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# float multiply error 900,000,000 * 10 = 8,999,999,488

Hey,

When I multyply the float 900,000,000 by 10 (just an example I need more calculations like this because my game has very high gold values)
I get 8,999,999,488 instead of 9,000,000,000 why is that so and is there an fix/workaround for this?

With smaler numbers I don’t have this error I thought maybe it’s just to big of a number for float but I can go up too 340282346638528859811704183484516925440 when I tryed unseing the biggest float possible.

This is quite odd, I have no idea why it does this but i can replicate it on my project. I also tried just adding 900,000,000 ten times while printing and between 36 and 45, it randomly drops by 256 and seems to continue that trend. not really sure how to get around it either.

You may be running into floating point prescision issues.
Why are you using floats instead of a integer?

HTH

A signed 32-bit integer can have a maximum value of 2^31 − 1 = 2,147,483,647.

Your numbers go above… and … well… strange stuff happens.

If you go into C++ I think you could get away with using 64 bit numbers for your crazy stuff.

Actually… your number is off by exactly 512.
So you’re basically pushing out the last 9 bits to reach your number, and they are just assumed to be 0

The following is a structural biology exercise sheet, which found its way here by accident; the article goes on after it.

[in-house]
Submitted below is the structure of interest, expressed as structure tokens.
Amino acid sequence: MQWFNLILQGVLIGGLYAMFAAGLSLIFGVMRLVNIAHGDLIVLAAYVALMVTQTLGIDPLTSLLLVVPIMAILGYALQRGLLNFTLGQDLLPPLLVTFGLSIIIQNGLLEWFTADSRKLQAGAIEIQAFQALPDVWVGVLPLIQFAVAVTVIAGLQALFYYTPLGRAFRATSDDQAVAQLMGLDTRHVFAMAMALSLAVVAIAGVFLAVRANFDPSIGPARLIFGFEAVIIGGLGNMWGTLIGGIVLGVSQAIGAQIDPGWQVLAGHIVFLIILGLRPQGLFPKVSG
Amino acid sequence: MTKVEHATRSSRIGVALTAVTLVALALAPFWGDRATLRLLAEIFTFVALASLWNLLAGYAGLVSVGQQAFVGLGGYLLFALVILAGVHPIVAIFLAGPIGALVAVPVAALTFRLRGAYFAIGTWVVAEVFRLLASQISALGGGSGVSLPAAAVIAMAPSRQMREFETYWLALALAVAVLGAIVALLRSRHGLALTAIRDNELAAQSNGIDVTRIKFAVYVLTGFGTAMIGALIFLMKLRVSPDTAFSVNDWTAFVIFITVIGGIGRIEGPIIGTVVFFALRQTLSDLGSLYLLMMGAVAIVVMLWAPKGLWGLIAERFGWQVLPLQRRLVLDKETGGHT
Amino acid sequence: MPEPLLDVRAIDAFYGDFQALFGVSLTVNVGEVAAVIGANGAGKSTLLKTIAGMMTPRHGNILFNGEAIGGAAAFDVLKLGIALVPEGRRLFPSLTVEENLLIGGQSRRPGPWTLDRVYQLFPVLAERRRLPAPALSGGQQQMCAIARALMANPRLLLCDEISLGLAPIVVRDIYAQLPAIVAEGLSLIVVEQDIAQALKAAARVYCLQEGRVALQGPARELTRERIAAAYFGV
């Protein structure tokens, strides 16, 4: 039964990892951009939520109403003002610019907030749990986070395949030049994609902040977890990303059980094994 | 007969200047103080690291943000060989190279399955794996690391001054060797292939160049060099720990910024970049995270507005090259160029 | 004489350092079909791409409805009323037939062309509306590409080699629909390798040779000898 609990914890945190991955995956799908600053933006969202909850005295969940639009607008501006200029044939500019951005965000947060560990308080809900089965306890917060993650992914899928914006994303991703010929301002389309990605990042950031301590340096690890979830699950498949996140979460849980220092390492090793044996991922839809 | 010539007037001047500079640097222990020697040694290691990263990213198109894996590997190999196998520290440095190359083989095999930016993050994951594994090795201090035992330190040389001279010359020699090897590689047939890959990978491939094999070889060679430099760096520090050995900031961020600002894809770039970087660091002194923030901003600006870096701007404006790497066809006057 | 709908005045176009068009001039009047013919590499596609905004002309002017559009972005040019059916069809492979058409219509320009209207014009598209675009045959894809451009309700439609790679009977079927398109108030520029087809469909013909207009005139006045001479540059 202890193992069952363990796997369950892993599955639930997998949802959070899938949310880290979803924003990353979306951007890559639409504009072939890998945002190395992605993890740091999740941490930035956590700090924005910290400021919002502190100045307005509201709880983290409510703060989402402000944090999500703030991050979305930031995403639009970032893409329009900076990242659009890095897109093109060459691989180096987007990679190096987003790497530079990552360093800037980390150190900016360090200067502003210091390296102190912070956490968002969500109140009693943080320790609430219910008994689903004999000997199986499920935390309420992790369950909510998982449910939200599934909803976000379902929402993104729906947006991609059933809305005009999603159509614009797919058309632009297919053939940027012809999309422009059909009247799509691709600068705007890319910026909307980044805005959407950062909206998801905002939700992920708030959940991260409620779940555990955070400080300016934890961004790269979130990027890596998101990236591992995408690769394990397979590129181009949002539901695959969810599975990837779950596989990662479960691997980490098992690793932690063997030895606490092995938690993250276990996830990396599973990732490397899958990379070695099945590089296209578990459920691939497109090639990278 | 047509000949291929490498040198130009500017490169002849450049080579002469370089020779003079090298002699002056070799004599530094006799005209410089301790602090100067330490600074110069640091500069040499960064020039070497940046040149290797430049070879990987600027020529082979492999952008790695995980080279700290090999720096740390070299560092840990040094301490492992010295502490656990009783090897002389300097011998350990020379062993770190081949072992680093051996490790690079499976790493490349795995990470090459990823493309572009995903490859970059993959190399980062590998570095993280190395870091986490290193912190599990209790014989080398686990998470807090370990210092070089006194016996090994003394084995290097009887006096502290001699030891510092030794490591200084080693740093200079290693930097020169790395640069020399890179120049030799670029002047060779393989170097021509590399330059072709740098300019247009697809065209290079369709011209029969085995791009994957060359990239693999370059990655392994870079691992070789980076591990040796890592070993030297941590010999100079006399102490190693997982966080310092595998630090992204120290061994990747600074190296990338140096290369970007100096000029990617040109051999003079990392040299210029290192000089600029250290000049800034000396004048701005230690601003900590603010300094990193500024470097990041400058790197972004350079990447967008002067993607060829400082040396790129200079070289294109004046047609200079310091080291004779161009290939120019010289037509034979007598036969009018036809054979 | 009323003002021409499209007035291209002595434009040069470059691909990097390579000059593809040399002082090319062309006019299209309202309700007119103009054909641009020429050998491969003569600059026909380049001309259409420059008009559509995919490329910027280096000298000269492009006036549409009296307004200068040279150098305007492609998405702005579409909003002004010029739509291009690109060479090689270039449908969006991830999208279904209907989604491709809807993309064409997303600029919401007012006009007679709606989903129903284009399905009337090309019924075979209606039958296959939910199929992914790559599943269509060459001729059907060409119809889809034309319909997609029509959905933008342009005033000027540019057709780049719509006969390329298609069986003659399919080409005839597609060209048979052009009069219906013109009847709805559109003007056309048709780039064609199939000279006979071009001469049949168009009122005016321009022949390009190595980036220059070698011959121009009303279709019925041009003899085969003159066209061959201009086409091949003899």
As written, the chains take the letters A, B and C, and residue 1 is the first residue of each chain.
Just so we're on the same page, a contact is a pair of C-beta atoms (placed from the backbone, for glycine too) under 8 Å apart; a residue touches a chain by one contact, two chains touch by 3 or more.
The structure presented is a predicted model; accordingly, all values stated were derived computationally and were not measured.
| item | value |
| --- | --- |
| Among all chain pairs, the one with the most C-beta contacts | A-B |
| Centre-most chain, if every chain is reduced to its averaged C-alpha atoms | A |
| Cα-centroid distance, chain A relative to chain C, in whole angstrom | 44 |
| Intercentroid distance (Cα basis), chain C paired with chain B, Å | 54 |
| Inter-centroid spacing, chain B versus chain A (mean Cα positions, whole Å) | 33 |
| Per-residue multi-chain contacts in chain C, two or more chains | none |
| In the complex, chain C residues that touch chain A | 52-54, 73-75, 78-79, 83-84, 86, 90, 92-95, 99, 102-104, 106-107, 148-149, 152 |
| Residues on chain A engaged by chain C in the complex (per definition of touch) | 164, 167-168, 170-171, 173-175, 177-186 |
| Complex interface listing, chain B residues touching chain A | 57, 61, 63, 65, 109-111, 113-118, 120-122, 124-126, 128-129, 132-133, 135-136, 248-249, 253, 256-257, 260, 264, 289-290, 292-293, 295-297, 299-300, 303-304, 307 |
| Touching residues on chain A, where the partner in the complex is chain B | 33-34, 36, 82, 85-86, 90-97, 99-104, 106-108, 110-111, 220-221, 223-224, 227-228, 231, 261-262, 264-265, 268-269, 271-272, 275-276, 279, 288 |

This is normal. Here is why: Floating Point Numbers - Computerphile - YouTube
You probably exceed precision points. It is weird that blueprints have such bad precision (I replicated same stuff here).
But you can make your own struct to store very large numbers. And print them (or change to string).

Or make what first mmo ever (which is WOW) did: store currency as platinum gold silver and copper. But that is quite similar to my above idea of splitting long numbers.

You can always make those nodes (and gold storing variable) in C++

This is basic float math here. 900,000,000*10= 9,000,000,000 = 9.000,000,000 * 10^9.
For this number you need 10 digits of accuracy, while float tops out between 6 and 7. Even 900,000,000 is out of range. * Store that as a float and print it to screen a bunch of times. *(I guess it can handle 900m as a user input correctly odly enough, but it cannot handle 900,000,001 for example.)

You should be using INT based variables for gold like currency.